Most children who have grown up in an American household have at one point in their lives looked up to sports figures as heroes. Whether it was your grandfather telling his stories of watching Babe Ruth become a legend, your father's stories of Mickey Mantle and the legendary Yankee teams of the 1950's and 1960's, or your own memory of Mark McGwire and Sammy Sosa chasing the home run record, the feeling of wholesomeness that baseball provides has always found its way into many people's hearts. Steroids have tarnished these sacred memories, casted doubts in the minds of many on the legitimacy of records and statistics and finally affected the way younger players play the game. Baseball, America's pastime, is embedded in the fabric of society. The players and teams have come and gone, but the thing that remains constant is baseball's ability to unite people as well as families. My own personal experience of this came right after September 11th, 2001. Following the tragedy that was 9/11, the country needed something to help everyone return to normalcy. In our moment of weakness and uncertainty, baseball helped calm my nerves. Fifty three thousand three hundred and twelve brothers stood up in unison and took back their lives. The electricity of that game, the sense of regularity in my life, and the knowledge that millions of people were finding comfort together with me during such a hard time, helped me feel a sense of closure that the worst was behind us.
It is the mystique and aura of the players, the exciting tales behind them, as well as the history of the game that keeps us interested as fans. These are the reasons why people, children especially, see these players as invincible, and perfect in every way, shape, and form. What would happen if after a century of inspiring stories, and incredible tales of heroism, the inconceivable notion that these players were not perfect, took prominence? Or that many of these superstars cheated their way to the top?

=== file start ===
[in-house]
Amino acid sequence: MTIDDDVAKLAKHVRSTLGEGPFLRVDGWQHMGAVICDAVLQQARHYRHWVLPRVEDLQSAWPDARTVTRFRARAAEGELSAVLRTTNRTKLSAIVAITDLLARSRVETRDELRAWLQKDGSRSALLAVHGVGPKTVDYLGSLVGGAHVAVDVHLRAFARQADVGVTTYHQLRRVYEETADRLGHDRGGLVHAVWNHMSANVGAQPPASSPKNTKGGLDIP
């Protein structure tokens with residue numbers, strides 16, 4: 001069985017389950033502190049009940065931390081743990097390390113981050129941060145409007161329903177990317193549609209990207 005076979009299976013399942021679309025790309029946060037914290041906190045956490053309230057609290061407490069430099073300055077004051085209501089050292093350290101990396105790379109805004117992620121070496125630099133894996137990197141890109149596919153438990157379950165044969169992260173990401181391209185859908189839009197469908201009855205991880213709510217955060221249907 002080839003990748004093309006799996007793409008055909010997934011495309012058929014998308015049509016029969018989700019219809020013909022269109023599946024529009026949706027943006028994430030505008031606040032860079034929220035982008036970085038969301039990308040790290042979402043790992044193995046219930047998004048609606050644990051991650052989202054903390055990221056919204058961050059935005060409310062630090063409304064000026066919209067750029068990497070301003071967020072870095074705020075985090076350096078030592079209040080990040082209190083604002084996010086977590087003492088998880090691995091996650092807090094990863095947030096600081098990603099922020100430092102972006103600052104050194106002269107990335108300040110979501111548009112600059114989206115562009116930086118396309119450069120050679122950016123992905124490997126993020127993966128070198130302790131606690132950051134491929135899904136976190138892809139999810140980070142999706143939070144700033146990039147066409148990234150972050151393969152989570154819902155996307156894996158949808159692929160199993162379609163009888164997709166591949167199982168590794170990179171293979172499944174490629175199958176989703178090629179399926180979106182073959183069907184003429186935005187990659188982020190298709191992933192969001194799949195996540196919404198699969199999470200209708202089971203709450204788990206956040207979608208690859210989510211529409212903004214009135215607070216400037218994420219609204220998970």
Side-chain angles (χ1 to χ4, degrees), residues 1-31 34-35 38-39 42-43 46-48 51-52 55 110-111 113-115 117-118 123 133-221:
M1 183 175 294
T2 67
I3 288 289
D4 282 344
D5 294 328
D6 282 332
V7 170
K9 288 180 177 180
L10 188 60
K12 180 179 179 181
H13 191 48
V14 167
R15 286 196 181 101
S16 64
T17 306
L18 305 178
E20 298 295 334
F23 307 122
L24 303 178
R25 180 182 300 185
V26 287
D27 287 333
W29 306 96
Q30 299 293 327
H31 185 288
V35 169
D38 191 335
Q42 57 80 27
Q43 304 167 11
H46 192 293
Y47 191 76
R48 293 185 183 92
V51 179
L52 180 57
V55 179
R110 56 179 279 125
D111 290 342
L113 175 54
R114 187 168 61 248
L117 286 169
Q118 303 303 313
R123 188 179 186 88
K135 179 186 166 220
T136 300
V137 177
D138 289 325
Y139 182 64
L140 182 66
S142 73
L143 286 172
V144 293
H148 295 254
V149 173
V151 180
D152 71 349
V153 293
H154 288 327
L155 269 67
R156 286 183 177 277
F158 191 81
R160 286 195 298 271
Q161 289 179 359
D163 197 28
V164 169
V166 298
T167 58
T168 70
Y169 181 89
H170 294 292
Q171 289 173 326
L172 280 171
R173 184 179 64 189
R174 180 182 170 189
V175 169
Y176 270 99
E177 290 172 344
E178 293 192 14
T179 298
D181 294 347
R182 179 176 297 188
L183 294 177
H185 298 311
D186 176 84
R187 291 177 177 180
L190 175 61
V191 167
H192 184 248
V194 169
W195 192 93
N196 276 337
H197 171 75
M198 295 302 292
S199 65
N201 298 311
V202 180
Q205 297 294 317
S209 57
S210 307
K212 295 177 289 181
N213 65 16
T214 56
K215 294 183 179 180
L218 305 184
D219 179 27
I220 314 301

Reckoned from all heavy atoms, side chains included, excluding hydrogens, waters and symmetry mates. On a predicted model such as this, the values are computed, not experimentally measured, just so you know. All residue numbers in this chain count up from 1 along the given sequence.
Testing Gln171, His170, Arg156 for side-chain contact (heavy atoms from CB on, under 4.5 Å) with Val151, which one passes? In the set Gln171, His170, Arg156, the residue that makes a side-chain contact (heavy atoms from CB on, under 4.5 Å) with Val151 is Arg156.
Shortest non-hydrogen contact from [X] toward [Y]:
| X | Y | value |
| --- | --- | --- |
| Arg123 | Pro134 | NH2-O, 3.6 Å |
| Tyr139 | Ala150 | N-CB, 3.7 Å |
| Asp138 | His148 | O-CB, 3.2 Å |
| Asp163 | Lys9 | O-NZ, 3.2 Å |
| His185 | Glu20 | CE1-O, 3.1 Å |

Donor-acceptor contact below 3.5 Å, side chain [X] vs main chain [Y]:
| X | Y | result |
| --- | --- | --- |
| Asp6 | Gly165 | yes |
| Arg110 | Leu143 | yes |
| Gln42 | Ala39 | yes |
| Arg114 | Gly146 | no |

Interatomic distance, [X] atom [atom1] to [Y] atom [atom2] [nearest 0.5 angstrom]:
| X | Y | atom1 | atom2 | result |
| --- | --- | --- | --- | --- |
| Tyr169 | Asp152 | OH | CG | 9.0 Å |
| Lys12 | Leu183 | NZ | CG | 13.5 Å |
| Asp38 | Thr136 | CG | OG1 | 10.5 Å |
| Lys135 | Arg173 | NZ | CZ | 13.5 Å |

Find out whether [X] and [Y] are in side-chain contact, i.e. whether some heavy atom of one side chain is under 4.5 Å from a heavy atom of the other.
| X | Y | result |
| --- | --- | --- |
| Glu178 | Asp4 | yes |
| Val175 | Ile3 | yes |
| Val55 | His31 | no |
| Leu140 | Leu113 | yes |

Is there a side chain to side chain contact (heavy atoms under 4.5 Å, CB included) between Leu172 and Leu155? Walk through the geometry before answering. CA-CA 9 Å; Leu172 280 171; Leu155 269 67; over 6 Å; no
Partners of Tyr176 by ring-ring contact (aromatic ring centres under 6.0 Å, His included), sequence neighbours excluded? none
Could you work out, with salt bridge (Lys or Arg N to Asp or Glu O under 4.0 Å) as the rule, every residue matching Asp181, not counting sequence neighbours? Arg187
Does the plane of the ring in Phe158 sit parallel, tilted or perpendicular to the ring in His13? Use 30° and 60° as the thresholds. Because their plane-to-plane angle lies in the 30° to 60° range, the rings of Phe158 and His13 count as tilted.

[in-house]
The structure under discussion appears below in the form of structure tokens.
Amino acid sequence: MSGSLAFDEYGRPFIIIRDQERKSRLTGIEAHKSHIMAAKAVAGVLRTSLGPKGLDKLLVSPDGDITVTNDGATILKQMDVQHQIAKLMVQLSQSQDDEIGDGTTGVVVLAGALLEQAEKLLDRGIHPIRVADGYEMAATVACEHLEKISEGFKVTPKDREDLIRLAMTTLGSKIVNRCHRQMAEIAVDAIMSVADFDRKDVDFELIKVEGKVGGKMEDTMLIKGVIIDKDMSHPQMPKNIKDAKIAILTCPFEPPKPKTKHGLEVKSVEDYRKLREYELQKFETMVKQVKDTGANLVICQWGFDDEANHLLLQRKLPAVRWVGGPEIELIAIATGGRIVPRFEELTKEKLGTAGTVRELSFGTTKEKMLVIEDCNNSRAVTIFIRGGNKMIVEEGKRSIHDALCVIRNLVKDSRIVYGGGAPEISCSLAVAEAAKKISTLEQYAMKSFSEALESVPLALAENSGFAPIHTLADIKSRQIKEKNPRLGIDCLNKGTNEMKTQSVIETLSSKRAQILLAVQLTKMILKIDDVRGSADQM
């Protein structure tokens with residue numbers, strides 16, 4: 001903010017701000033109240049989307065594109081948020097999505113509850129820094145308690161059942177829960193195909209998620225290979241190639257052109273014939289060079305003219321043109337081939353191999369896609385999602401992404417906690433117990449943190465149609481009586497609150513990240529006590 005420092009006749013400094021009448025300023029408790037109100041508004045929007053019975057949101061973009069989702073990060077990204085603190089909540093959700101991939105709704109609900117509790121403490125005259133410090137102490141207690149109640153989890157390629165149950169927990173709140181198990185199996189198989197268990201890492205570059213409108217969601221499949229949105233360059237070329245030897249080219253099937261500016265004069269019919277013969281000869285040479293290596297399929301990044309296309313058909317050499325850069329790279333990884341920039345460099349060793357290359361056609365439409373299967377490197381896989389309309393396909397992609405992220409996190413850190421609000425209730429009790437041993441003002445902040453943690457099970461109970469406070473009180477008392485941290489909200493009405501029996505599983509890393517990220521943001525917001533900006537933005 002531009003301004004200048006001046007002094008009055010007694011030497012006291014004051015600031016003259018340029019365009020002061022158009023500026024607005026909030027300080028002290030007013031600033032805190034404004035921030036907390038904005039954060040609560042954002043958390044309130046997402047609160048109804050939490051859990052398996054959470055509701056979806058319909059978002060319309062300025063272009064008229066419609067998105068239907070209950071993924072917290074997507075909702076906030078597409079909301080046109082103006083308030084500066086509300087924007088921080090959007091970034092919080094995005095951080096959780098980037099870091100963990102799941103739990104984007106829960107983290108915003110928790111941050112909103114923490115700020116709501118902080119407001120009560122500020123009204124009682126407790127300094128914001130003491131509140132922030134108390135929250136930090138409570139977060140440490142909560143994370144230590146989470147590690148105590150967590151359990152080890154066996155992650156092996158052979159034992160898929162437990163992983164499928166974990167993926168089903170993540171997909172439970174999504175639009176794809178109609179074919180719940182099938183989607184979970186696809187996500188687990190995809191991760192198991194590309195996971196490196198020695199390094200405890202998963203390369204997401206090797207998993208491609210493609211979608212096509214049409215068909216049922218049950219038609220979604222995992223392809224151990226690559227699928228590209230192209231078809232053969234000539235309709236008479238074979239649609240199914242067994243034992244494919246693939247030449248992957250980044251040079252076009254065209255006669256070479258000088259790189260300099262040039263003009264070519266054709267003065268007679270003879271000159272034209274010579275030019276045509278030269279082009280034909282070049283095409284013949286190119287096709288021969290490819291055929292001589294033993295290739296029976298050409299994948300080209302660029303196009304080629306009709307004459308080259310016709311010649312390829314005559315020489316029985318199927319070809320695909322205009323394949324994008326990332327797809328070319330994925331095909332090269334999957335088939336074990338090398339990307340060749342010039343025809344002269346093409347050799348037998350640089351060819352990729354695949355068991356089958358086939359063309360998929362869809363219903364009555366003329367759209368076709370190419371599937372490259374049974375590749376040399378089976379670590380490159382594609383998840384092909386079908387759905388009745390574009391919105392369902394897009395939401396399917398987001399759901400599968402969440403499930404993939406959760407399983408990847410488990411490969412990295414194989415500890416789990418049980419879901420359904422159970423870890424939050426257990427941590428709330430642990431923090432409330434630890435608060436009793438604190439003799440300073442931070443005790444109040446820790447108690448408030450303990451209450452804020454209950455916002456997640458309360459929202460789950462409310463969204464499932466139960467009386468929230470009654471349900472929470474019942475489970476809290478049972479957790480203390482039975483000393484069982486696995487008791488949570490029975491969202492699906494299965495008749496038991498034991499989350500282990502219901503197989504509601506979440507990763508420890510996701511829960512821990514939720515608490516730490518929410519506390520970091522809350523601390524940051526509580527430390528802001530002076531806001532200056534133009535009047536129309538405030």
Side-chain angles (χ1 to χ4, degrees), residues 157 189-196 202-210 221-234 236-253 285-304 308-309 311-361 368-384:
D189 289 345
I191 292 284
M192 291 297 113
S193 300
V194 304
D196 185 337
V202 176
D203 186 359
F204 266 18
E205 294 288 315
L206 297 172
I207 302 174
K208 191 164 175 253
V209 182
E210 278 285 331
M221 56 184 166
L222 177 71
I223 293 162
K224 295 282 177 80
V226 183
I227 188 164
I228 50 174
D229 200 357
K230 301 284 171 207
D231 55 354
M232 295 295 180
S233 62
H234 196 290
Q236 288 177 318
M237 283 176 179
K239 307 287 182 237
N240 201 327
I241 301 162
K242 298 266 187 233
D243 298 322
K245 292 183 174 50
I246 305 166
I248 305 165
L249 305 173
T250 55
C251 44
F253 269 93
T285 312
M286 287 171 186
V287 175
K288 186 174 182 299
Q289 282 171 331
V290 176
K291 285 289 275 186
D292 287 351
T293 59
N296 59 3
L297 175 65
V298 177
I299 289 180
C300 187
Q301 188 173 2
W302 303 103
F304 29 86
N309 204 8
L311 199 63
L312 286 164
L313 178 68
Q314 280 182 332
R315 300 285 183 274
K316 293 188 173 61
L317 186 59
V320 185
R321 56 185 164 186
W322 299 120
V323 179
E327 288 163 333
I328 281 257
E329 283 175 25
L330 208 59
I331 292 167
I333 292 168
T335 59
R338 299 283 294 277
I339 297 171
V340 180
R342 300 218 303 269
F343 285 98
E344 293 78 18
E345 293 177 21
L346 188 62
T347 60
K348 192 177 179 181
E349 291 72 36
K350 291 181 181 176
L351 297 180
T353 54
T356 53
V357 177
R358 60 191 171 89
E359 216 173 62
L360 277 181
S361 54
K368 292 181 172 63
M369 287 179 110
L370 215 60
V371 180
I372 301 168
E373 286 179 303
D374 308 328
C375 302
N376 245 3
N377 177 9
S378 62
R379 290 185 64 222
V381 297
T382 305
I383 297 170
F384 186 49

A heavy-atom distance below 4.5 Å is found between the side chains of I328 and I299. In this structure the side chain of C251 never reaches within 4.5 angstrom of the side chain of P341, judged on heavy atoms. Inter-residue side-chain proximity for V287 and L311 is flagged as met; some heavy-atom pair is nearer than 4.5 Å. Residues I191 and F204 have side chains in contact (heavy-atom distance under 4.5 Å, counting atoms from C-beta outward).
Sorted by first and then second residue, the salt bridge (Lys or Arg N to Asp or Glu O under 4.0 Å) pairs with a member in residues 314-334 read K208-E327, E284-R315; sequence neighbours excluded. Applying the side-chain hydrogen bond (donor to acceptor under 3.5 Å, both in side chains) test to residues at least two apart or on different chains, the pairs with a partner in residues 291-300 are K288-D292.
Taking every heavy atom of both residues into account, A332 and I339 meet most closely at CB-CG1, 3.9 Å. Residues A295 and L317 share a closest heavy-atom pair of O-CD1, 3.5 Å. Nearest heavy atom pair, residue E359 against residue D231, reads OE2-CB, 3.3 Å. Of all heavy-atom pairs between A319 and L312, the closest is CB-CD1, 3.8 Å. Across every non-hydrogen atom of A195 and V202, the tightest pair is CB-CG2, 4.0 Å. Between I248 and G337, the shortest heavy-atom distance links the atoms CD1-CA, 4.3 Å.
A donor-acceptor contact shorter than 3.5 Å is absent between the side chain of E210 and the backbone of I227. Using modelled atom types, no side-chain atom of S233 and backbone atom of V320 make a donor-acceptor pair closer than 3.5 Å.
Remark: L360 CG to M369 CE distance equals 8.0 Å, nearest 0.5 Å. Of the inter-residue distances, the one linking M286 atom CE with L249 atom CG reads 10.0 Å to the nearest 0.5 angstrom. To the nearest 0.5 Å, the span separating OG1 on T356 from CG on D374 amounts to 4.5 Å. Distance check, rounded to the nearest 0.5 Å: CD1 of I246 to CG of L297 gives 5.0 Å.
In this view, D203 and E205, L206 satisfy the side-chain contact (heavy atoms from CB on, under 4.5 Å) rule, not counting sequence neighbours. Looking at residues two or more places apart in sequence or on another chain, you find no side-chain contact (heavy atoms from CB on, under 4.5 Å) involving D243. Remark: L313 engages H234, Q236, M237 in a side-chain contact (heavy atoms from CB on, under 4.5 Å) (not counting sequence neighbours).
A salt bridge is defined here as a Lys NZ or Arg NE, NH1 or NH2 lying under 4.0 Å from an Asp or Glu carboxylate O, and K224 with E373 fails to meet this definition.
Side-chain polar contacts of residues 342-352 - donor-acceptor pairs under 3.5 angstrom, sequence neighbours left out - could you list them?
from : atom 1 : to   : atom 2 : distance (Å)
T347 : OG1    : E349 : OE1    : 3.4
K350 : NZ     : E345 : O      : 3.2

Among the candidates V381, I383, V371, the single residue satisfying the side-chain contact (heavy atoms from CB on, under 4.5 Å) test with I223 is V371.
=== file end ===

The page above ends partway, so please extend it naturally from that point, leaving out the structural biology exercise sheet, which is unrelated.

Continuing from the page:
Recently the topic of steroid use in baseball has been everywhere in the news. It has finally come to the attention of Major League Baseball, and now the general public, that a vast percentage of players have been using illegal performance-enhancing drugs. This not only casts a cloud of suspicion over which players are using steroids, and makes one wonder which players are genuine, but it tarnishes the reputation of the sport. It puts into question every player that has ever played the game, as well as all the records and statistics that have been kept as a measuring point of success throughout the history of the game. This latest discovery of steroid use has the chance to step on the hearts of many young fans of the game, and turn away the most loyal of fans. This whole situation has the opportunity to become a crushing blow to a country at war in need of its national pastime; a country that needs its heroes.
The most rampant issue regarding steroids in baseball lately has to do with the investigation of BALCO (Bay Area Laboratory Co-Operative), its dispensing of steroids, and the players that willingly accepted them. Aside from the fact that these are illegal
drugs, and several BALCO employees face federal punishment for distributing them, just as someone selling heroin or cocaine on the street would be, the investigation must be able to tell us which players accepted and used the steroids which they were given. So far the only discovery that has been made was that three superstar players Barry Bonds, Gary Sheffield, and Jason Giambi, allegedly received the drugs from BALCO, but there has been no proof as to when, or even if they were definitely used by them. (Wada Williams)
The fact that three of the most prominent, popular, and notable players in the game had been given steroids radically changes the public's perception of them. Whether or not they used the steroids given to them is...